The current influx of refugees into Europe could be mirrored by a mass exodus of Jews, faith leaders have warned as new figures revealed a rise in anti-Semitic incidents over the past year.
European Jewish Congress President Dr Moshe Kantor told a conference in Brussels: “If hundreds of thousands of Jews leave the EU, which is becoming a very strong possibility, then it too will be judged a failure,” he said. “Over the past few years, tens of thousands of Jews have left to seek a safer home elsewhere, and today, one-third of Europe’s nearly 2.5 million Jews are considering emigration.”
He was echoed by American Jewish Committee director Daniel Schwammenthal, who said the rise of anti-Jewish incidents was, “not only a threat to Jews but an assault on Europe’s core values”.
European Commission Vice-President Frans Timmermans admitted that the figures were troubling, adding that the refugee crisis was further testing Europe. “The collective responsibility to live together in tolerance and respect is particularly important at a time when we have a moral obligation to give refuge to people of various religions and cultures who arrive on our shores,” he said.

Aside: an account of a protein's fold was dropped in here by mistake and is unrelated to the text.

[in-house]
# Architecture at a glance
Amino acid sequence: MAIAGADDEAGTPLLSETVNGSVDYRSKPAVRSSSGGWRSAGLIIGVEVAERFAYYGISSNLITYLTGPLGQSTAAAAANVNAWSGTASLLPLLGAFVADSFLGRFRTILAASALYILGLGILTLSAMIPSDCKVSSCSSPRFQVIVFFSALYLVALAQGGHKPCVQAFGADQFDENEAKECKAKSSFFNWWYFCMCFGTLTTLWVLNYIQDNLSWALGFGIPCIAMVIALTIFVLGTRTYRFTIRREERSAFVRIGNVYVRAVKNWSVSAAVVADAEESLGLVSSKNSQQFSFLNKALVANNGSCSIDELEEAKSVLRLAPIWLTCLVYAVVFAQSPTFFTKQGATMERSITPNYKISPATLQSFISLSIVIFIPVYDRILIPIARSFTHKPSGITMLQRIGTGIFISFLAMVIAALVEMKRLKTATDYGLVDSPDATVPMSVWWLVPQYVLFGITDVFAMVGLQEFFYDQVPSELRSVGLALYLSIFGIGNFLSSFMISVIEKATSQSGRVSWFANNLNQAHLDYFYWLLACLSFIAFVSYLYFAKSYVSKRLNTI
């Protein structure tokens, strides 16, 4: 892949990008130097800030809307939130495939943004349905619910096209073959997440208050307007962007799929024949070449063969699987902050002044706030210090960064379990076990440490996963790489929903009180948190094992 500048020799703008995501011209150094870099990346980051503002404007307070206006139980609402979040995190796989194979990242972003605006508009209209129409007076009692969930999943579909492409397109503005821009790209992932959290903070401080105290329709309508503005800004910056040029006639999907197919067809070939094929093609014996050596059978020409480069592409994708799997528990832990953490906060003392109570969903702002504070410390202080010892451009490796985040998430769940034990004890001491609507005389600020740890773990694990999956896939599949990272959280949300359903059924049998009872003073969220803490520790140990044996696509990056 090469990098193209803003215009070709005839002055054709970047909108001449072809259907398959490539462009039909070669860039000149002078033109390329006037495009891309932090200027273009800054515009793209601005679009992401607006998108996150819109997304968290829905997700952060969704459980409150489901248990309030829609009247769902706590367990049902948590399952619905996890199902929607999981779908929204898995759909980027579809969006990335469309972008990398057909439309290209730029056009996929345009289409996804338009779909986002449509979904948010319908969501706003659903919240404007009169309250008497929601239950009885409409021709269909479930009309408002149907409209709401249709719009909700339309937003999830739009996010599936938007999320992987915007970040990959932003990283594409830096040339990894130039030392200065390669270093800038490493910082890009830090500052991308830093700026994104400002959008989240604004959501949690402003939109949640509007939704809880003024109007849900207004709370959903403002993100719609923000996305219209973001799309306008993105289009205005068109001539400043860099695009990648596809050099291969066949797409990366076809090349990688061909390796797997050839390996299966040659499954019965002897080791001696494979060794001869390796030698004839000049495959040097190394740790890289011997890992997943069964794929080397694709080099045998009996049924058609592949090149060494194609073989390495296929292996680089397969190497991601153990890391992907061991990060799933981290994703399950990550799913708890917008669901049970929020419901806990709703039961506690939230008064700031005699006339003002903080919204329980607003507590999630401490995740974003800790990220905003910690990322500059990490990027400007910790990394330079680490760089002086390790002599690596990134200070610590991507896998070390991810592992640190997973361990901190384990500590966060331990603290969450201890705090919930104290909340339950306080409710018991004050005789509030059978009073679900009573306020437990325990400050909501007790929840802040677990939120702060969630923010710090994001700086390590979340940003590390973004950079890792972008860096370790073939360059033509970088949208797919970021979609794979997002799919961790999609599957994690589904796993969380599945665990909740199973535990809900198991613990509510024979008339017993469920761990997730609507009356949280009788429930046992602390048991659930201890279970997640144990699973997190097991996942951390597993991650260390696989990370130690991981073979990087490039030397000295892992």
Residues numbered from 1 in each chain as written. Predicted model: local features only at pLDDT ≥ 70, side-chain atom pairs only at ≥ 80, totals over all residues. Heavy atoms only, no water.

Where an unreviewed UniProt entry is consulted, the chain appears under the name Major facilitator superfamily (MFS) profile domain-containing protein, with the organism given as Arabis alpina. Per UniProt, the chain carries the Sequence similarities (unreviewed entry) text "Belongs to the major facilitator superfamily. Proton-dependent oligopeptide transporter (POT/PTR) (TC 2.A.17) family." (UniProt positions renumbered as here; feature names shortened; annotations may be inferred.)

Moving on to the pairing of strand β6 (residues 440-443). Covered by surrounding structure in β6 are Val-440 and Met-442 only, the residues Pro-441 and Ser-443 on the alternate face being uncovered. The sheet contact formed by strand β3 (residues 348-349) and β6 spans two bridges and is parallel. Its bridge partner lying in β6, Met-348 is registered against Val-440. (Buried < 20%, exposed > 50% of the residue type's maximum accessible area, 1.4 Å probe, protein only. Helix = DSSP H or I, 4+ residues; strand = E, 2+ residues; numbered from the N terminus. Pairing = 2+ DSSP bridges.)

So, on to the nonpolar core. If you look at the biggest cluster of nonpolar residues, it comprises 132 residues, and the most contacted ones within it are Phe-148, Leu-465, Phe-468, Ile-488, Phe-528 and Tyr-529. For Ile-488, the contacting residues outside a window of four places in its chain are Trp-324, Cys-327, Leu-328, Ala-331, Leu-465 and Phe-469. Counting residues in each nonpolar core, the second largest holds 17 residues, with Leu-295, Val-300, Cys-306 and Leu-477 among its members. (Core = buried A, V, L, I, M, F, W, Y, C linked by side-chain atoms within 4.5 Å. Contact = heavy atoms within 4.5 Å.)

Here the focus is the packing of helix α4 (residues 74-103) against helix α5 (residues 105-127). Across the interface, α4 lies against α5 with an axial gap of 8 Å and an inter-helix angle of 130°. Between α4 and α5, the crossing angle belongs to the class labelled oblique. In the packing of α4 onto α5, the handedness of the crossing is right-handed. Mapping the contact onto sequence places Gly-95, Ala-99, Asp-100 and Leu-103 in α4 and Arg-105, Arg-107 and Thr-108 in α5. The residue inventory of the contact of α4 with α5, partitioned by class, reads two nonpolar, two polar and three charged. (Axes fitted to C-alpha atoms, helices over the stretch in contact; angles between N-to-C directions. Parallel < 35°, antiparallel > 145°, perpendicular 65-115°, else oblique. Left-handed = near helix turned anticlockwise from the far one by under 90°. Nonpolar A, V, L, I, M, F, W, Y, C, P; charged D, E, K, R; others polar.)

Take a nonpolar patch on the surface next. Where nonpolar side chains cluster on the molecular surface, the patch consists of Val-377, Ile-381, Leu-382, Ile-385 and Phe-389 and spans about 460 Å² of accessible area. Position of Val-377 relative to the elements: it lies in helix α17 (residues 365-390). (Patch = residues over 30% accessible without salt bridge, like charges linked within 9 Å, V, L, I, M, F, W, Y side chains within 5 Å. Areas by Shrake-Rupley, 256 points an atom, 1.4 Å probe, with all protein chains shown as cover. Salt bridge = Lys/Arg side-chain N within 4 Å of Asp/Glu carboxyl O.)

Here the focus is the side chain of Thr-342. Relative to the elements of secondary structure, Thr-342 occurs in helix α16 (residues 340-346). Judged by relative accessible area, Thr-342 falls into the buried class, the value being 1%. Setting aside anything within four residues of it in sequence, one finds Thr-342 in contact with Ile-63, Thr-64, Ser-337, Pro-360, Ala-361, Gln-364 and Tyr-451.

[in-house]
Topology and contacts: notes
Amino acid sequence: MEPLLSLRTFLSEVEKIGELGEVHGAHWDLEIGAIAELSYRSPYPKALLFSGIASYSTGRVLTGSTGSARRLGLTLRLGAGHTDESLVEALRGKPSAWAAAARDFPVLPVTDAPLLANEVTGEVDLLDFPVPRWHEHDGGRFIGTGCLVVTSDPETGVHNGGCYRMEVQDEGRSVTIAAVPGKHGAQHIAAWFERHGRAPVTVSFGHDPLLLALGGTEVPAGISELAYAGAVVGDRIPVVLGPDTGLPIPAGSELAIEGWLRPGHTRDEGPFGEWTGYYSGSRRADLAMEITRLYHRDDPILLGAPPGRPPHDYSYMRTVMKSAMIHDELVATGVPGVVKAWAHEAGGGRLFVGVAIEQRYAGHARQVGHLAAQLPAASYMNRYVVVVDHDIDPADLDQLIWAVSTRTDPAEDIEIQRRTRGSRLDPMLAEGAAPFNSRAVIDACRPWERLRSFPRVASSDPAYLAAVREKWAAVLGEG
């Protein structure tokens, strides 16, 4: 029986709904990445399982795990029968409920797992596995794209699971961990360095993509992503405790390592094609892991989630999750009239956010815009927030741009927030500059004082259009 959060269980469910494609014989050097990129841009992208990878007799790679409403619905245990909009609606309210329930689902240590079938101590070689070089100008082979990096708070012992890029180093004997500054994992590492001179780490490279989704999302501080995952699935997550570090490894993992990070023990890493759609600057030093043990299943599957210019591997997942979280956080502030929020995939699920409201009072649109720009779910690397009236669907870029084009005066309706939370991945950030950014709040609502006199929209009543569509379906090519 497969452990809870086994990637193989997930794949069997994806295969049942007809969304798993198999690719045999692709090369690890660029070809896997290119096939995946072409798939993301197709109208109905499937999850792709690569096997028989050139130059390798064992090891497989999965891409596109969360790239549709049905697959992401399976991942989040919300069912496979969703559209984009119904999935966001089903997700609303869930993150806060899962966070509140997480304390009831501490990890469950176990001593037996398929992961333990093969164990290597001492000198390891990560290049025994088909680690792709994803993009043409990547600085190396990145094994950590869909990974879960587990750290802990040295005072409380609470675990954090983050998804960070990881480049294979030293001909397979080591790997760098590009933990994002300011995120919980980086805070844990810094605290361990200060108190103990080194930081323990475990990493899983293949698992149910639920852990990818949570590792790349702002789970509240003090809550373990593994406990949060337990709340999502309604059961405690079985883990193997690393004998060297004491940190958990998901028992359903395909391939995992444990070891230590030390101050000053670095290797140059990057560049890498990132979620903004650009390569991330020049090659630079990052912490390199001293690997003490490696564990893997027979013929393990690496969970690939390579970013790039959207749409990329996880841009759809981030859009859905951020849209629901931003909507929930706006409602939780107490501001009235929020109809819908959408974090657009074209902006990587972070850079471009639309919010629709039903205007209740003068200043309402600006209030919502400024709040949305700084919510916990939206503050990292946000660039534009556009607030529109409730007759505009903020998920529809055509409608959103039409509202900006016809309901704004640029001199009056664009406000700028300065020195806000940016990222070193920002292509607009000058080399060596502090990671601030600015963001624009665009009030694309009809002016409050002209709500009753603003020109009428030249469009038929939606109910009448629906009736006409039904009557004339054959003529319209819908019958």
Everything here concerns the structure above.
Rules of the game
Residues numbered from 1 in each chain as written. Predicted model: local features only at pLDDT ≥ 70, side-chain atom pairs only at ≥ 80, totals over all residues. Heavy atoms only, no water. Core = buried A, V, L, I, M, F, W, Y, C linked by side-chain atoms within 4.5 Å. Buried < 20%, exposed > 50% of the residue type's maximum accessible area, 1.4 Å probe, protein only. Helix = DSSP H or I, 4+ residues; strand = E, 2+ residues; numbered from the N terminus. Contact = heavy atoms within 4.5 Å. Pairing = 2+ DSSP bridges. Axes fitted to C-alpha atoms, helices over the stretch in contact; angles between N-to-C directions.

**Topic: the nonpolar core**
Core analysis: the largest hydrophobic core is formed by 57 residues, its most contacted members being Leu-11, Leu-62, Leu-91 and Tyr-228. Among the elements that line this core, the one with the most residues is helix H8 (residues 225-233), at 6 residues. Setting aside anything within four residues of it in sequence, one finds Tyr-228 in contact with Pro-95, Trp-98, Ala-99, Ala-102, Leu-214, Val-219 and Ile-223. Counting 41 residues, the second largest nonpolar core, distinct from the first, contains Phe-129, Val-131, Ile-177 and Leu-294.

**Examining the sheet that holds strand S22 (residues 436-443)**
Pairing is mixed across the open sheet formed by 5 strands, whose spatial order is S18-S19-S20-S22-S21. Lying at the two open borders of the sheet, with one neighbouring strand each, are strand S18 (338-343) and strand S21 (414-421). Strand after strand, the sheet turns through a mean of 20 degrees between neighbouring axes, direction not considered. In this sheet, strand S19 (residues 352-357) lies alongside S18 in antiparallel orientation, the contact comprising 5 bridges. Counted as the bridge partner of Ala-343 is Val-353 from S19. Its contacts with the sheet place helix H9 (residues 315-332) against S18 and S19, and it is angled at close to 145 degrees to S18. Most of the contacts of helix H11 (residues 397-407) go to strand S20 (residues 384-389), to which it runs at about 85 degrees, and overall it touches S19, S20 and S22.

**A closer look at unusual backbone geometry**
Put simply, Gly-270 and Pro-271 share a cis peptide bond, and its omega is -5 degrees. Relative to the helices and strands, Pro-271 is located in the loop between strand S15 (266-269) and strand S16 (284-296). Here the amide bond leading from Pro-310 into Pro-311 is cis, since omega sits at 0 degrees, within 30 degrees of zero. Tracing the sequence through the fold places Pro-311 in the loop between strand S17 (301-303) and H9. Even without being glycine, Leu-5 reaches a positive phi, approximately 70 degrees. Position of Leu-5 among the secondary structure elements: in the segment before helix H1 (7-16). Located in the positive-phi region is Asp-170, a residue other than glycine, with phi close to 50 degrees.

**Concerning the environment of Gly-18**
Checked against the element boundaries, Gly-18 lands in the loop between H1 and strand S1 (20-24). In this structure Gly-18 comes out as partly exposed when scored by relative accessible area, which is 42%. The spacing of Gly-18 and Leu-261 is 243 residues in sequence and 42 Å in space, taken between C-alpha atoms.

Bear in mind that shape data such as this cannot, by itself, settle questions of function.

The EU’s Fundamental Rights Agency (FRA) released a report on anti-Semitic incidents in 2014. Some 76 per cent of Jewish respondents said that anti-Semitism had risen since 2009. There was a particular rise in Germany, where 1,596 hate crimes were reported against Jewish people last year. In France, the number more than doubled from 423 in 2013 to 851.
A separate survey showed that 50 per cent of Europeans felt there was widespread discrimination based on religion or beliefs, up from 39 per cent in 2012.